Ma Po Tofu, Sjurygg's Guide
Probably one of the most well-known Sichuan dishes in the west, second to Kung Pao chicken. Essential ingredients are good tofu of either the firm or soft variety (I prefer a little firm), lots of sour, tongue-numbing Sichuan peppercorns and blisteringly hot chili peppers, and dòubànjiàng, a kind of fermented bean paste seasoned heavily with chilis. It looks like this:
Most recipes include a little minced pork or beef, in the manner that Chinese vegetable dishes often use minced or finely shredded meat as a seasoning more than as a main ingredient. It can be made vegetarian, in which case I recommend adding a little MSG and a little more chili bean paste.
If you're the "fuck it, bring it on" type when it comes to chilis, I recommend you actually go heavier on the Sichuan peppercorn than the chilis for this dish. Sichuan cuisine isn't about dry-angerfistfucking your tongue in the ass, figuratively speaking, and while a good heat is appreciable by any true gentleman, you should still realize that a lot of the "Sichuan heat" phenomenon is as much about marketing and restaurants trying to compete as it is about authenticity.
- Roast in a dry pan until fragrant, crush and sift out black seeds
- 2-4 tbs Sichuan peppercorn
- Brown over high heat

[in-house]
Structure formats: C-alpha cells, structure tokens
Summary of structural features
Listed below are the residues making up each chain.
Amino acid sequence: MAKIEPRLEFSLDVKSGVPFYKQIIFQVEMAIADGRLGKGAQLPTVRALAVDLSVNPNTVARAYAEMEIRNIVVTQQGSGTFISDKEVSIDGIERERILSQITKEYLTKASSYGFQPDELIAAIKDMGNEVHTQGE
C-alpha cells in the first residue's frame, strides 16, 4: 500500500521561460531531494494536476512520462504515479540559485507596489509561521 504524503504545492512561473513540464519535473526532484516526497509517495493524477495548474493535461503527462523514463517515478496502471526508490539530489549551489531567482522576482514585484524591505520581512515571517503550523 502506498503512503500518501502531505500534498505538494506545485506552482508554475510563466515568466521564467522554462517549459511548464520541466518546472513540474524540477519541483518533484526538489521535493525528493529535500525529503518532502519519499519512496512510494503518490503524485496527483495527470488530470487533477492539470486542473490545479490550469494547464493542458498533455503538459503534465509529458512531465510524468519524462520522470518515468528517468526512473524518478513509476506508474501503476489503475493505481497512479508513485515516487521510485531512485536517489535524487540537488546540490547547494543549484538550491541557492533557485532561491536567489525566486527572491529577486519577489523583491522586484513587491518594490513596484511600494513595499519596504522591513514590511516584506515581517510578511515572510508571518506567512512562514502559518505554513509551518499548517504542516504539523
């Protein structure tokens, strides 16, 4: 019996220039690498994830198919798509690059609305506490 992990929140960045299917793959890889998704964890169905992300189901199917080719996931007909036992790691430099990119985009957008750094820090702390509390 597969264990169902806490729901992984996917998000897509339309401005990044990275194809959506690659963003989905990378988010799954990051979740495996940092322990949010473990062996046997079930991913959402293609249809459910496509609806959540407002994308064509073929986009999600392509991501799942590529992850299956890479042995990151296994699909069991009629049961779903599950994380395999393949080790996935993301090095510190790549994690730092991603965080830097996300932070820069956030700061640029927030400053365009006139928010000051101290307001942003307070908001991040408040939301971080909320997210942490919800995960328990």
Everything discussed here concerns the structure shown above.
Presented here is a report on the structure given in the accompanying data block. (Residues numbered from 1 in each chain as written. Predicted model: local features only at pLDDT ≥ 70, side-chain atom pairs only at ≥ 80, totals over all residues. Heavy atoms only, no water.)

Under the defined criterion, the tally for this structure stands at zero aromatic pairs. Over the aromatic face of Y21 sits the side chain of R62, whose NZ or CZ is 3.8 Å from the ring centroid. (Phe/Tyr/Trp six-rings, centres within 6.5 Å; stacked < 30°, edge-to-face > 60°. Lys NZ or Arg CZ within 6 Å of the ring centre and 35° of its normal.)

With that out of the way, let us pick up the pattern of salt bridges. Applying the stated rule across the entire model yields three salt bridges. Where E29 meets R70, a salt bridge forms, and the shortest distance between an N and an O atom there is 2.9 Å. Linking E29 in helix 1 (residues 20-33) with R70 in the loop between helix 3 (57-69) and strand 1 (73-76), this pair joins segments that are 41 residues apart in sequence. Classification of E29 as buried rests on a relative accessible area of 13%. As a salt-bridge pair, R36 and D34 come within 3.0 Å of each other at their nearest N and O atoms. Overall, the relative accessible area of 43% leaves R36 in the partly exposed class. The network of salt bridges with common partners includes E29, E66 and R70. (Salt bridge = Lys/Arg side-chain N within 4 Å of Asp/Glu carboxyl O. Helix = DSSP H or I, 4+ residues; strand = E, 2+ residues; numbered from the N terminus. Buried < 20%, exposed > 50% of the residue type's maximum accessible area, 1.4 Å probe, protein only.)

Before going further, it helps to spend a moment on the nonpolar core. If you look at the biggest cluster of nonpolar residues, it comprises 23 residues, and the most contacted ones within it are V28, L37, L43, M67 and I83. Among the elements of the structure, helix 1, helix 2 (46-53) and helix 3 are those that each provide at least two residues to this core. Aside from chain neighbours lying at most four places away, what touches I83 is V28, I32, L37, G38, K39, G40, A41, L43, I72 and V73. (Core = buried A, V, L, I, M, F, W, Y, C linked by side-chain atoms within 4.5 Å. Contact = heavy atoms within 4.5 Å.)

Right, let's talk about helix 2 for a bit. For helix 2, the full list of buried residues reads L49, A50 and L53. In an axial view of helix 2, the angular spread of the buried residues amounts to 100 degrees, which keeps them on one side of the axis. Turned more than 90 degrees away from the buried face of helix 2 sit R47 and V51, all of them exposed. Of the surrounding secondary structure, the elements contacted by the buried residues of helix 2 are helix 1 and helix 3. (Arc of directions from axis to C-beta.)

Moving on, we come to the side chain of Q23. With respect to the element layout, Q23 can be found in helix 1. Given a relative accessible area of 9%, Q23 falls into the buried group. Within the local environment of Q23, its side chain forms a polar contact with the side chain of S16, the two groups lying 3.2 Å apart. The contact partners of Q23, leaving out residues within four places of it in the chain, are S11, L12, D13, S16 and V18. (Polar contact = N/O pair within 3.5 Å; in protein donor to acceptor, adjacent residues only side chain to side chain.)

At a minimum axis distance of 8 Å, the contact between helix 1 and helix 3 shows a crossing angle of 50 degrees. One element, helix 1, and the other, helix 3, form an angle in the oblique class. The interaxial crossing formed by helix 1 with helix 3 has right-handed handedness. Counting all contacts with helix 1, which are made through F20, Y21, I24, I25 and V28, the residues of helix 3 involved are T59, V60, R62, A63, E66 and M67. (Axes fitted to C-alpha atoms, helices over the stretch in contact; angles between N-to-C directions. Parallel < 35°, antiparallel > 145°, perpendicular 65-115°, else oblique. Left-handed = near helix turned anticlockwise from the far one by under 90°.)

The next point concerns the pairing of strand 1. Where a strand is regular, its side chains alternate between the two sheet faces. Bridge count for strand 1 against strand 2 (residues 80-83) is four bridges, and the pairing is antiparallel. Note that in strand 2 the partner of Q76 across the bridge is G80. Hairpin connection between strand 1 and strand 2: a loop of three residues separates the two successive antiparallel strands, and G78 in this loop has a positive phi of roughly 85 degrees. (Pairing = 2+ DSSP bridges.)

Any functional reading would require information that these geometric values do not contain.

- 100-300g ground pork, beef (or even chicken or turkey)
- Add and fry
- 2-4 tablespoons minced garlic
- 1-3 tablespoons minced fresh ginger
- 2-4 tablespoons chili bean paste
- 1-2 tablespoons finely chopped hot bird's eye chilis, or more to taste
- Add a cup of chicken stock, and
- 4-600g good-quality tofu in die-sized cubes
- half the ground Sichuan peppercorns
- a splash of rice wine or dry sherry, if liked
- a teaspoon of sugar
Simmer for a few minutes. Thicken with cornstarch slurry, season with salt, soy, chili bean paste and MSG. You are looking for sour, tongue-numbing savouriness with a good heat from the chilis to it.
Serve garnished with scallion greens, chopped chilis and a dusting of ground Sichuan peppercorn. If you have some good chili oil, sprinkle some of that on top.
Variations are welcome, if anybody wishes to bring them up. I think this is a pretty good recipe, and it's officially approved by the Chinese in-laws.